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4 Years Of Oklahomans Helping Haiti Through Mission Of Hope

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A little boy sits next to his house in a refugee camp for displaced people in Port-au-Prince, Haiti, Friday, Jan. 10, 2014. A little boy sits next to his house in a refugee camp for displaced people in Port-au-Prince, Haiti, Friday, Jan. 10, 2014.
Concrete homes, mission of hope is building (MOH photo credit) Concrete homes, mission of hope is building (MOH photo credit)
Warehouse housing food supplies (MOH photo credit) Warehouse housing food supplies (MOH photo credit)
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Sunday marks the 4th anniversary of Haiti's devastating 7.0 magnitude earthquake, destroying its capital of Port-au-Prince and killing more than 200,000 people. 

Since that time, hundreds of Oklahomans have joined people around the globe to help the country rebuild through the non-profit organization Mission of Hope (MOH).

MOH served and ministered to the people of Haiti for years before the earthquake hit, so when it did, volunteers were already in place to help.

"There's about a six-month stretch that's really hard to remember," said MOH President Brad Johnson. "It was horrific; hundreds of thousands of people were walking out of the city because they had lost so much."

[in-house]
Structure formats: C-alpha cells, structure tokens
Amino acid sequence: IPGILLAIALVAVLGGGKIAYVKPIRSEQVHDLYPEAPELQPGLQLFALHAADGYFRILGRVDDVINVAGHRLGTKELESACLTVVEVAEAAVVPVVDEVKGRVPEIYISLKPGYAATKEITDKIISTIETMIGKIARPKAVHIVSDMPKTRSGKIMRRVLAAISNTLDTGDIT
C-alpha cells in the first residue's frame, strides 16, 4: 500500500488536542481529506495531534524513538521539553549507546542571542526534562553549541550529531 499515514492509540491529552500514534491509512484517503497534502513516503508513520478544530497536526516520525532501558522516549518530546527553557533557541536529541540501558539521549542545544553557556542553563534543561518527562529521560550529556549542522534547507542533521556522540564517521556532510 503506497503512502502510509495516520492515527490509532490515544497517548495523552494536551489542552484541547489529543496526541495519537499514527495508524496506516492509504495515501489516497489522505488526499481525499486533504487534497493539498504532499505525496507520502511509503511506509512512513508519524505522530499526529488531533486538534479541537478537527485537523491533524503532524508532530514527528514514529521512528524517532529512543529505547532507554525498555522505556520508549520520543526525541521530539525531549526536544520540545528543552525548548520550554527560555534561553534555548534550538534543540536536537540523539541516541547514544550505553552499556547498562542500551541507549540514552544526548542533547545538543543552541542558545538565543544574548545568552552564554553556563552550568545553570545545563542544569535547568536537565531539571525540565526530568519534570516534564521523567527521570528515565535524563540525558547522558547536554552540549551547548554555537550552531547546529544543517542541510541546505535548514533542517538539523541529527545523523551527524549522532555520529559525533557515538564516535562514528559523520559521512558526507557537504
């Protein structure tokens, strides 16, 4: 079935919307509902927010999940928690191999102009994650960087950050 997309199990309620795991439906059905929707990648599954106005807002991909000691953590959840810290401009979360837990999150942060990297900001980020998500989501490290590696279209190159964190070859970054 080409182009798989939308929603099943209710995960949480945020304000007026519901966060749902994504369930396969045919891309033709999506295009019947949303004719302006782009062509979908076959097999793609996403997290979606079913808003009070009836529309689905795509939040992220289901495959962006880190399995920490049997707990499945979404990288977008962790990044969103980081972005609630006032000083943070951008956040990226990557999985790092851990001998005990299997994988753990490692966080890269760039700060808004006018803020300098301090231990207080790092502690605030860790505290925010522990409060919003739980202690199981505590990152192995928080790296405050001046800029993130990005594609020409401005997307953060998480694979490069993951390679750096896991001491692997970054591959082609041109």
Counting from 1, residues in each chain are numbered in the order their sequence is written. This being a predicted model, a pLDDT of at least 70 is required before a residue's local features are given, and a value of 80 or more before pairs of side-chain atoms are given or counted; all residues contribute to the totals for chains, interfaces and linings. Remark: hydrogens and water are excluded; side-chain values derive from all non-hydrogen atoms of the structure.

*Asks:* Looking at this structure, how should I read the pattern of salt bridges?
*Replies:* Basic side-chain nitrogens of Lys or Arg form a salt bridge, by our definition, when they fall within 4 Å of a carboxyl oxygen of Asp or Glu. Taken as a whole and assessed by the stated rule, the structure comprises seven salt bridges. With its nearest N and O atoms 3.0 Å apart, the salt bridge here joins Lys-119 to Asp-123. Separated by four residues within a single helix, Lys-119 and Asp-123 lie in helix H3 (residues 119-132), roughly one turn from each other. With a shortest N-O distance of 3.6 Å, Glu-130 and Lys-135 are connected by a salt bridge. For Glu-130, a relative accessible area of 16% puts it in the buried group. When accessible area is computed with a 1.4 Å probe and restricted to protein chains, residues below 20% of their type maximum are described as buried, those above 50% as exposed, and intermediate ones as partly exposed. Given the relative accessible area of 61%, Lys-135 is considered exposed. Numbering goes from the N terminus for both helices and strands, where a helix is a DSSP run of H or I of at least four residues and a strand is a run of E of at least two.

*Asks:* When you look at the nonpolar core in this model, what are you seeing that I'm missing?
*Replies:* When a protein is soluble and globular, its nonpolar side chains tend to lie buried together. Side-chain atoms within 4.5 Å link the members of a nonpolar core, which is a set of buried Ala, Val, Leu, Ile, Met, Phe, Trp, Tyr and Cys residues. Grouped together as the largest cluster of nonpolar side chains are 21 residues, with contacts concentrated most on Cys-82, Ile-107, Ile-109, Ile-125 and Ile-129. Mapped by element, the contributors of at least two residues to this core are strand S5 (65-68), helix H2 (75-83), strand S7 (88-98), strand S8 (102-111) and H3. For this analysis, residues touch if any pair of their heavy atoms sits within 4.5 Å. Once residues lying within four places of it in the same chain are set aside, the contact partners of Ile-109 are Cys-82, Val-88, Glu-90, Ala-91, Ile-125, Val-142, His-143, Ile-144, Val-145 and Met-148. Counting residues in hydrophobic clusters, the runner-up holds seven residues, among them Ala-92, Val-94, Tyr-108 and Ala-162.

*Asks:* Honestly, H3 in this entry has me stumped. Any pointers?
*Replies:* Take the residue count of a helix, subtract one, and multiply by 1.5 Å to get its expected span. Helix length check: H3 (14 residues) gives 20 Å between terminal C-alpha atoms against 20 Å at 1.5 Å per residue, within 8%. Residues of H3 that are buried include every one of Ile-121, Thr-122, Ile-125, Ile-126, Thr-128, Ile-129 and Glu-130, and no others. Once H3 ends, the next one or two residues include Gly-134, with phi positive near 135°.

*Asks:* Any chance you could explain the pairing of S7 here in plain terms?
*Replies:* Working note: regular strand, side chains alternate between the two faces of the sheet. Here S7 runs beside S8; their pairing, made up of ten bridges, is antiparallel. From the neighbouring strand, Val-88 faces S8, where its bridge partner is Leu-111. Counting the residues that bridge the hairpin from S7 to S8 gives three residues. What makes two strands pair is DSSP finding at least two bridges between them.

MOH is headquartered in Haiti, which enabled volunteers to spring into action when the earthquake hit.

"We had over a million and a half meals in our warehouse that was going to go out the following day to schools, but because the earthquake hit, we were able to distribute as well as our hospital went into 24-hour mode," said Johnson.

Now, Johnson and his volunteers reflect on the progress they've made in the last four years, building more than 400 concrete homes, a church and a school. Using pre-positioned food supplies stored in a 32,000 sq. ft. warehouse, MOH and partner Convoy of Hope deliver more than 400 schools and orphanages each day.

"The people of Haiti are so resilient, they are very grateful," said Johnson.

Even so, thousands of people remain displaced, living in temporary shelters and tents. According to the Associated Press, the Haitian government delivered a progress report on the eve of the fourth anniversary.

Prime Minister Laurent Lamothe highlighted a drop in the number of people living in settlements. And for those who do, Johnson says his group is here for the long haul to continue helping in any way they can.

"I just feel very blessed to be here today, to be able to have walked with a lot of friends in Haiti through this time," he said. "It's hard to believe it's been four years, because the wounds are still fresh, but there's so much hope in their eyes."

MOH wants to build 150 more houses by next year while continuing to help the people of Haiti with both short and long term needs including housing, medical, food and education. The organization is also in the process of building a technical school, athletic complex and hospital.

If you would like to help go to the MOH website.

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